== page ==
SYDNEY- Asian shares notched a 29-month high on Monday as investors wagered monetary and fiscal policies globally would stay super stimulatory, while an upbeat reading on China’s service sector augured well for continued recovery there.
MSCI’s broadest index of Asia-Pacific shares outside Japan rose 0.5 percent to reach its highest since March 2018, extending a 2.8 percent gain last week.
Chinese blue chips firmed 0.7 percent to reach levels not seen since mid-2015. Surveys showed Chinese manufacturing activity edged back a tick to 51.0 in July, but services jumping a full point to 55.2 in a hopeful sign of reviving consumer demand.
E-Mini futures for the S&P 500 climbed another 0.5 percent, while EUROSTOXX 50 futures added 1 percent.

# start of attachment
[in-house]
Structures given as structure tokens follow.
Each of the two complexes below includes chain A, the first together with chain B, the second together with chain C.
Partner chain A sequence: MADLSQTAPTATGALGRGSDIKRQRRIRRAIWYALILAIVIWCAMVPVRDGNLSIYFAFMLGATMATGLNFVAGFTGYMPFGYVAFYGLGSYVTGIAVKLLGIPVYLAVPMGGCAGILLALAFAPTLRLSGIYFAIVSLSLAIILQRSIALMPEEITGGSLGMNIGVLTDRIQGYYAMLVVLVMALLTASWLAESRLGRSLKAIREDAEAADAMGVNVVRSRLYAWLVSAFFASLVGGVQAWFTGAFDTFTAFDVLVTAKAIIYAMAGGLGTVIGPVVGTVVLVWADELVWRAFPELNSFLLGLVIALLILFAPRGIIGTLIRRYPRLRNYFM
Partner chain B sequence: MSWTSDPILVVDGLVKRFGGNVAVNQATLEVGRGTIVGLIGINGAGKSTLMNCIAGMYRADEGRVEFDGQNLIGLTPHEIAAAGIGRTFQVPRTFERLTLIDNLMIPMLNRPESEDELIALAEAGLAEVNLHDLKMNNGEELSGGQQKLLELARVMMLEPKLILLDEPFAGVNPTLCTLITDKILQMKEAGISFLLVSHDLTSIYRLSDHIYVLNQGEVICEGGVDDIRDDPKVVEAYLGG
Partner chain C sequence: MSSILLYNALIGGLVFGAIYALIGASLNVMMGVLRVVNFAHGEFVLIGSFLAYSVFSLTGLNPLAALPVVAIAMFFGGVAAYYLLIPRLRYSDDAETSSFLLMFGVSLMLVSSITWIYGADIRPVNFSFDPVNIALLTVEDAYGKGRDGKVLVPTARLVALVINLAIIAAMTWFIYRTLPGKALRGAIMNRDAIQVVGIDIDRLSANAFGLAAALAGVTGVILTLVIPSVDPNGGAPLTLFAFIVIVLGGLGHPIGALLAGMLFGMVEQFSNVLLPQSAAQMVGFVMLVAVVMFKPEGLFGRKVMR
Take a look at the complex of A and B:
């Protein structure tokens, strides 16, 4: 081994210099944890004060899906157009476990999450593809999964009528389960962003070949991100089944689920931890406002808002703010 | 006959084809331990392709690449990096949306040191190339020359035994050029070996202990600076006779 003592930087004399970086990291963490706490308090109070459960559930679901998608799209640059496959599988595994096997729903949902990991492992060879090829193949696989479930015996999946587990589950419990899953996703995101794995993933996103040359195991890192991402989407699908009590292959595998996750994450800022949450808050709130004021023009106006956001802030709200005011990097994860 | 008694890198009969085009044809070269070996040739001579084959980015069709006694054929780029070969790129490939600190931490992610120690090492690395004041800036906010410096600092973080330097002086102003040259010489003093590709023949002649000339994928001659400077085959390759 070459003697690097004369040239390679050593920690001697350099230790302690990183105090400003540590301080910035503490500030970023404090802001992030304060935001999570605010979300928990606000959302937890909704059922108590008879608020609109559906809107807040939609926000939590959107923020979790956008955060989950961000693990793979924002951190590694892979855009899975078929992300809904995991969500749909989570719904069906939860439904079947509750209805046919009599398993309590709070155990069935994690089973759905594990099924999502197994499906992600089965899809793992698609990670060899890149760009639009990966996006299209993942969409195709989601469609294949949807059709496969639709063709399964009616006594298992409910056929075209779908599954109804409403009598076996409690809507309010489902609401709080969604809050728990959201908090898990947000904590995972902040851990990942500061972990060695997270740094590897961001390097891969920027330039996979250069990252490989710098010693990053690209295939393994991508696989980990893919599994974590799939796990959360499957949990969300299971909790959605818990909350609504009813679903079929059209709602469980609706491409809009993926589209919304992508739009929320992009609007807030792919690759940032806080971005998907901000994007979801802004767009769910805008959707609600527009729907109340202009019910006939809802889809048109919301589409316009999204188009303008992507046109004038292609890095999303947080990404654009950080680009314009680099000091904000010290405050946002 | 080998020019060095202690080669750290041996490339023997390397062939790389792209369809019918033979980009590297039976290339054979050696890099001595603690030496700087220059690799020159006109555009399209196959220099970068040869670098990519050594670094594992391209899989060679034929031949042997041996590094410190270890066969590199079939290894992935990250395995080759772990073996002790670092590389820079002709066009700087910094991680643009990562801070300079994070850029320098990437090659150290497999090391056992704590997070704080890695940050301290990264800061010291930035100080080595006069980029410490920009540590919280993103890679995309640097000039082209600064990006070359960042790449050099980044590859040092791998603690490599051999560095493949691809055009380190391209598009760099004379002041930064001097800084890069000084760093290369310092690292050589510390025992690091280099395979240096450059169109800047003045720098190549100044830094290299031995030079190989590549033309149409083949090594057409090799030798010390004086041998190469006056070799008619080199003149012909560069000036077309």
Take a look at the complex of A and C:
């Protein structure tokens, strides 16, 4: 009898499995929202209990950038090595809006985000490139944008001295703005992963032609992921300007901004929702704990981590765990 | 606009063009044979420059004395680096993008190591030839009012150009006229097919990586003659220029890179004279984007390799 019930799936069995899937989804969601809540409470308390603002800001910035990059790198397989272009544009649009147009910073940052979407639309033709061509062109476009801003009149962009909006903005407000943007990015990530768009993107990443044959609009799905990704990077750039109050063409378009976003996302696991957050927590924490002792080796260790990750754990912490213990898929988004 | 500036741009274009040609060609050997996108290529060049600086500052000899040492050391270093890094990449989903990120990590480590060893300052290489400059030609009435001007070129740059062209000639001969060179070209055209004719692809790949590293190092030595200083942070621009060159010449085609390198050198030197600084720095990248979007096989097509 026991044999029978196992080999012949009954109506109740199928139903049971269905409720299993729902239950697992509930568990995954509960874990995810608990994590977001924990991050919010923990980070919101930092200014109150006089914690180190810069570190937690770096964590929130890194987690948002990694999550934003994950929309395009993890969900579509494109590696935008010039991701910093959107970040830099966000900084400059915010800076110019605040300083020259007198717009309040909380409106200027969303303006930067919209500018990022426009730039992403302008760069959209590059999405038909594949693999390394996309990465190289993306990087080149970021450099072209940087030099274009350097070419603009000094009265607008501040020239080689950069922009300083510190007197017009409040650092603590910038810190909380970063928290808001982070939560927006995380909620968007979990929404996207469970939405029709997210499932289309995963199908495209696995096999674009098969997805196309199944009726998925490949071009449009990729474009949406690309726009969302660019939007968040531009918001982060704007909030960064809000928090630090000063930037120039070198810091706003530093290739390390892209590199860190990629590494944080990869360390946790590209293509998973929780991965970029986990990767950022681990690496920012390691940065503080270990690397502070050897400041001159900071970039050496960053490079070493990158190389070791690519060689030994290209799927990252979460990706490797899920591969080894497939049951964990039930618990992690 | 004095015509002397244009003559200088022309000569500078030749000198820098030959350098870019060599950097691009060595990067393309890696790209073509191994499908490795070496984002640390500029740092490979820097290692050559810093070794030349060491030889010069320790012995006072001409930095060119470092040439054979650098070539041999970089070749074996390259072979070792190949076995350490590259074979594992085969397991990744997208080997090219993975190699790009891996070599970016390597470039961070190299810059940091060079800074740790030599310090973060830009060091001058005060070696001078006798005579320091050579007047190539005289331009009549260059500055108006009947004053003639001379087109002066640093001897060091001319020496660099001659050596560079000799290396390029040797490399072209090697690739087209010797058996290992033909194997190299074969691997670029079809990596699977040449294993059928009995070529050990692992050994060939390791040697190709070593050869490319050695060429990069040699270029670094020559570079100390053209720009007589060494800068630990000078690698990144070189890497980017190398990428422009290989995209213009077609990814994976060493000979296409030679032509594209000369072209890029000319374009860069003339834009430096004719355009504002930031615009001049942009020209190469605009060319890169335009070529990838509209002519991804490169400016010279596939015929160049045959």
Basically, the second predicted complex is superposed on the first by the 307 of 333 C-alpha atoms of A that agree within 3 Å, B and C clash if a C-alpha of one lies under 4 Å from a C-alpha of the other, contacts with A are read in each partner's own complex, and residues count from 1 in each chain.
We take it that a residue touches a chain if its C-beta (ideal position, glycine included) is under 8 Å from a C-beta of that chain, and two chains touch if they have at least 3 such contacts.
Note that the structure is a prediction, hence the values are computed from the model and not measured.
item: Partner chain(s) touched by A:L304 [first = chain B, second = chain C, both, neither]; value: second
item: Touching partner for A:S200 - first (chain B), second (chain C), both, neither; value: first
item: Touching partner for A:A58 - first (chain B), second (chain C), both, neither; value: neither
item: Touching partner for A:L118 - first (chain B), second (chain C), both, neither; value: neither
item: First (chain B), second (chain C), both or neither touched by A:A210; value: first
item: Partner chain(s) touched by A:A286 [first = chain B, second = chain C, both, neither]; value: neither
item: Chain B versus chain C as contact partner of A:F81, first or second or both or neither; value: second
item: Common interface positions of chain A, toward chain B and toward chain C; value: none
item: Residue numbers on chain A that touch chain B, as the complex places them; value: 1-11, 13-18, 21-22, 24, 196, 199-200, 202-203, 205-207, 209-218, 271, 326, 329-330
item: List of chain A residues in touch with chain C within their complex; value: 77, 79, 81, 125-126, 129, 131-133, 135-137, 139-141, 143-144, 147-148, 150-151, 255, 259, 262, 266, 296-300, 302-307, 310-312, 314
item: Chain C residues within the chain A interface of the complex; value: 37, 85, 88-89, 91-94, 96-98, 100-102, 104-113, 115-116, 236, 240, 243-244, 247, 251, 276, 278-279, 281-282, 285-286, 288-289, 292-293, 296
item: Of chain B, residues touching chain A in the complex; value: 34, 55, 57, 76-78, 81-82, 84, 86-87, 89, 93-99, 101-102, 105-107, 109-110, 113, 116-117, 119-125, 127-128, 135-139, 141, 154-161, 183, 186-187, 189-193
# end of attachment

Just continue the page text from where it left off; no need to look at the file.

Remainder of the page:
Tokyo’s Nikkei rallied 1.9 percent aided by news Warren Buffett’s Berkshire Hathaway had bought more than 5 percent stakes in each of the five leading Japanese trading companies.
The Nikkei had dipped on Friday after Prime Minister Shinzo Abe’s resignation stirred doubts about future fiscal and monetary stimulus policies.
Those concerns were eased somewhat by news Chief Cabinet Secretary Yoshihide Suga, and a close ally of Abe, would join the race to succeed his boss. A slimmed-down leadership contest is likely around Sept. 13 to 15.
Attention was now on a host of Federal Reserve officials that are set to speak this week, kicking off with Vice Chair Richard Clarida later Monday as they put more flesh on the bank’s new policy framework
Fed Chair Jerome Powell boosted stock markets last week by committing to keep inflation at 2 percent on average, allowing prices to run hotter to balance periods when they undershot.
The risk of higher inflation in the future, assuming the Fed can get it there, was enough to push up longer-term Treasury yields and sharply steepen the yield curve.